Six Types of Preschool Curriculum

When it comes to teaching toddlers their ABC’s and 123’s, there are countless philosophies and early childhood curriculum approaches that programs can take instructing little ones.


And, while all programs are geared towards teaching students important social skills, improving their cognitive development and preparing them for future schooling — how they go about that can vary as there are several different types of preschool curriculum.


As a program director and/or owner, it’s important for you to select a common curriculum for all your students. Not only will this allow your teachers to teach more effectively, but it will also help parents know what to expect when it comes to in-class learning.


Below are six major types of preschool curriculum that vary in their early childhood approaches.


Bank Street

Originally developed in New York City at the beginning of the 20th century, this approach focuses on the whole child’s development. The play-based approach fosters active learning through hands-on activities like art, blocks, dramatic play and puzzles.


Social and emotional learning are the heart of the Bank Street curriculum which helps kids build a sense of self, discover their role within the community and recognize (and appreciate) differences among all those in a classroom setting. Preschoolers learning in a Bank Street environment tend to work in non-competitive group settings.



According to the HighScope website, their approach is to, “ignite children’s interest in learning by creating an environment that encourages them to explore learning materials and interact with adults and peers. [We] focus on supporting early learners as they make decisions, build academic skills, develop socially and emotionally, and become part of a classroom community.”


Simply put, the HighScope method believes children construct their knowledge through doing and being actively engaged with the world and people around them. Active learning, including natural play and interactions with the environment and other people, is at the heart of the HighScope approach. These hands-on experiences in the classroom help children develop problem-solving and conflict resolution skills. Consistent daily routines and well-organized classrooms help support the learning process at HighSope programs.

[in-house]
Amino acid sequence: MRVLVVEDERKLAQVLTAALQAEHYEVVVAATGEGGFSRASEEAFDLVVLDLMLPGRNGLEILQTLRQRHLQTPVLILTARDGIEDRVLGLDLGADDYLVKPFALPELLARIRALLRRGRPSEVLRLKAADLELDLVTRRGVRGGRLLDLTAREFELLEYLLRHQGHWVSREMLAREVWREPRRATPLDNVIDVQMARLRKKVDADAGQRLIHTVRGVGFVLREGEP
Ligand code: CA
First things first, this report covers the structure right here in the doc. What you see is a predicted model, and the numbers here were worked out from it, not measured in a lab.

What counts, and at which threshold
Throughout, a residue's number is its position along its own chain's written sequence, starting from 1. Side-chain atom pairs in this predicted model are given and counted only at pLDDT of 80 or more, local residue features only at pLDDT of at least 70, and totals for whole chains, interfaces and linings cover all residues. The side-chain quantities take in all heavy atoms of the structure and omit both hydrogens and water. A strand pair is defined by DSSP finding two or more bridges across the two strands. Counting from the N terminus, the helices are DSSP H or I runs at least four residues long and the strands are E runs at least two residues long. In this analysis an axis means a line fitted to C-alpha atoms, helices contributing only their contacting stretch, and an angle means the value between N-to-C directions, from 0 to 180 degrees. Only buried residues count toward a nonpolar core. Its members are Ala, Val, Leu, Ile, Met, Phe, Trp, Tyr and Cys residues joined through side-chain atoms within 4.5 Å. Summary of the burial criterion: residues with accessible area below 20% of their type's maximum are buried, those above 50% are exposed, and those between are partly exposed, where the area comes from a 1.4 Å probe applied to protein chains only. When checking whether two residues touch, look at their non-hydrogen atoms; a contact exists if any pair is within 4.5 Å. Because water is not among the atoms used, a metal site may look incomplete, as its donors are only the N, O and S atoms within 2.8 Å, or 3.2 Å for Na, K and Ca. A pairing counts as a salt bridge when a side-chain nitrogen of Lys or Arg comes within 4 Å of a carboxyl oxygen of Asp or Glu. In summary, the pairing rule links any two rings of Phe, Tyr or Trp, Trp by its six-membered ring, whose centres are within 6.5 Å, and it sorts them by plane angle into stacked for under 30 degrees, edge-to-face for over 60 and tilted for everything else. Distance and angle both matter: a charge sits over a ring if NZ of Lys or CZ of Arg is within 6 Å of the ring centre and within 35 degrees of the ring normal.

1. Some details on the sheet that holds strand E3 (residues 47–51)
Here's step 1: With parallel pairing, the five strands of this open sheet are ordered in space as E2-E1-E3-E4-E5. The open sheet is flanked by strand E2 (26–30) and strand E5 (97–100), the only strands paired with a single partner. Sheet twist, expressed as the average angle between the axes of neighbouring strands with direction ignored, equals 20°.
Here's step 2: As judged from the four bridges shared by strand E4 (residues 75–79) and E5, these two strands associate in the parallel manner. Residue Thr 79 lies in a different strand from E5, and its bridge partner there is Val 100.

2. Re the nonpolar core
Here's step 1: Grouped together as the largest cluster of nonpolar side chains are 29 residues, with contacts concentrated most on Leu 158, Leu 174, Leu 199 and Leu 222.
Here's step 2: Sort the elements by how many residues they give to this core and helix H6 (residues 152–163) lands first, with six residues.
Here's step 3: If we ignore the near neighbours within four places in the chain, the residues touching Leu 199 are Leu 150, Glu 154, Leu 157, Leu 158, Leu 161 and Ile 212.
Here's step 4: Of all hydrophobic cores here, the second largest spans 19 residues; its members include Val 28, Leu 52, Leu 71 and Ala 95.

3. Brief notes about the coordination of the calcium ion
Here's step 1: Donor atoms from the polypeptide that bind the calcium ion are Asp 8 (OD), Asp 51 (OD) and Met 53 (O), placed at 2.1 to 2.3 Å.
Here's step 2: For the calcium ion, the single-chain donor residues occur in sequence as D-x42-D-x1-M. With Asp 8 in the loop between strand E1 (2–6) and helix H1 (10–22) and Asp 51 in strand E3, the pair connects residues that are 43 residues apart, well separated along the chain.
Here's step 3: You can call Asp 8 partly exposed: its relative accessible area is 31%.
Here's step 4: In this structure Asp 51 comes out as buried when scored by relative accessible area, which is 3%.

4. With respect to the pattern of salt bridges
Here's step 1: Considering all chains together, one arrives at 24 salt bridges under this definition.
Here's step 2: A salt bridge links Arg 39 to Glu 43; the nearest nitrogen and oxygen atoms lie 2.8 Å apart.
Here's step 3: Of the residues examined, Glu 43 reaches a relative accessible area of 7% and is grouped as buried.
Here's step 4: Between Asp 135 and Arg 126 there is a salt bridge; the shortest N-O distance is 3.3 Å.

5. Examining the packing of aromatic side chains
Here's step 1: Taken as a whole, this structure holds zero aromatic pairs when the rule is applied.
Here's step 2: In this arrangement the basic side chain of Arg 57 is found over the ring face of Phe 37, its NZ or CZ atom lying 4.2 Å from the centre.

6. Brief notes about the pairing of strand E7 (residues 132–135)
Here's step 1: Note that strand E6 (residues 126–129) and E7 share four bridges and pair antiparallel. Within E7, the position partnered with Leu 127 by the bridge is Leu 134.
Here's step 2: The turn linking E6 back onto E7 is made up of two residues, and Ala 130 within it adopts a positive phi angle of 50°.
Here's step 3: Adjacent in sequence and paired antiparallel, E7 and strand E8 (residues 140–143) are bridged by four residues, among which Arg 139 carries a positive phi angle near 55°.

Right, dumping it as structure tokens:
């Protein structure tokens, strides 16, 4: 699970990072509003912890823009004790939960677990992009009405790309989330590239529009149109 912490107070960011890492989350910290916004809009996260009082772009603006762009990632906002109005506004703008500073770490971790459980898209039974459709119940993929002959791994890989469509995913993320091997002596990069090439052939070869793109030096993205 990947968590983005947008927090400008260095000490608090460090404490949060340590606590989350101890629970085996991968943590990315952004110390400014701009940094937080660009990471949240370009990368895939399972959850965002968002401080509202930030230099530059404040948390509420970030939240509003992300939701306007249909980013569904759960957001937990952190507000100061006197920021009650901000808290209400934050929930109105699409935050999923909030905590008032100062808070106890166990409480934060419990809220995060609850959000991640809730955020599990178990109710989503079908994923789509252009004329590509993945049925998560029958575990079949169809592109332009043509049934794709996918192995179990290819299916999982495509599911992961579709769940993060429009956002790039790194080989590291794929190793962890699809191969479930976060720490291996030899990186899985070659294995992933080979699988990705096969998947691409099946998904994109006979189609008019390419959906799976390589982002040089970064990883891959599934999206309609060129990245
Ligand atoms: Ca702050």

HighScope programs are especially popular in community centers and at faith-based organizations.



This is perhaps the most well-known of all the different preschool programs.


The Montessori method was developed by Dr. Maria Montessori, an Italian physician, and over the last century, this child-focused developmental approach has been incorporated into schools around the globe. In the United States, the popularity of this curriculum grew following the creation of the American Montessori Society in 1960.


The Montessori curriculum includes cultural studies, geography, language, math, music and science, and movement and sensory exercises that help guide learning.


Montessori classrooms are unique. Instead of using desks, students use the floor or tables. Children also move freely about the classroom (since movement is an important component of this curriculum).


All teachers must have an early childhood undergraduate or graduate degree, as well as Montessori certification, and the curriculum focuses on all areas of a child’s development, including cognitive, emotional, physical and social. Many Montessori programs continue past preschool into the teenage years.


Parent Co-ops

Cooperative preschools are organized, administered and led by groups of parents with shared educational ideas and philosophies. The parents then hire a trained teacher who instructs the class based on the parents’ input.


One of the wonderful things about co-ops is they can focus on any of these other early childhood curriculum approaches or combine multiple ones for a truly unique experience for their children.


Reggio Emilia

This approach, which began in the Italian town of Reggio Emilia in the mid-19th century, is all about creating good citizens.


In these classrooms, there is no set curriculum. Instead, lesson plans are always evolving based on and guided by student interest and response. Basically, any child can direct the classroom learning based on curiosity and the questions they ask.


The Reggio Emilia Early childhood curriculum approach is practiced in more than 145 countries and territories around the world.



The Waldorf curriculum, a structured creative learning approach, was founded in the early 20th century and is based on Austrian scientist Rudolf Steiner’s insights and principles of education.


According to Waldorf Education, Waldorf schools, “offer a developmentally appropriate, experiential and academically rigorous approach to education… Waldorf education aims to inspire life-long learning in all students and to enable them to fully develop their unique capacities.”


Children in Waldorf preschool programs learn through play-based experiences, with an emphasis on creativity, including music and art lessons. Waldorf education also encourages children of all ages to have daily, unstructured outdoor play.


Finally, every teacher must be Waldorf certified.


These are just a sampling of the many different types of preschool curriculum available. And, while different preschool programs may want to focus on different things, at the end of the day the goal is always the same: to help the students become the best possible versions of themselves.


At CCEI, we believe students learn best when they’re actively engaged in the material. That’s why we launched our own play-to-learn style curriculum. Our research-based Pinnacle curriculum is available for both secular and faith-based programs and can be reused and recycled every year (saving you money in the long run).


To learn more about our type of preschool curriculum and how it can be implemented in your center, click here.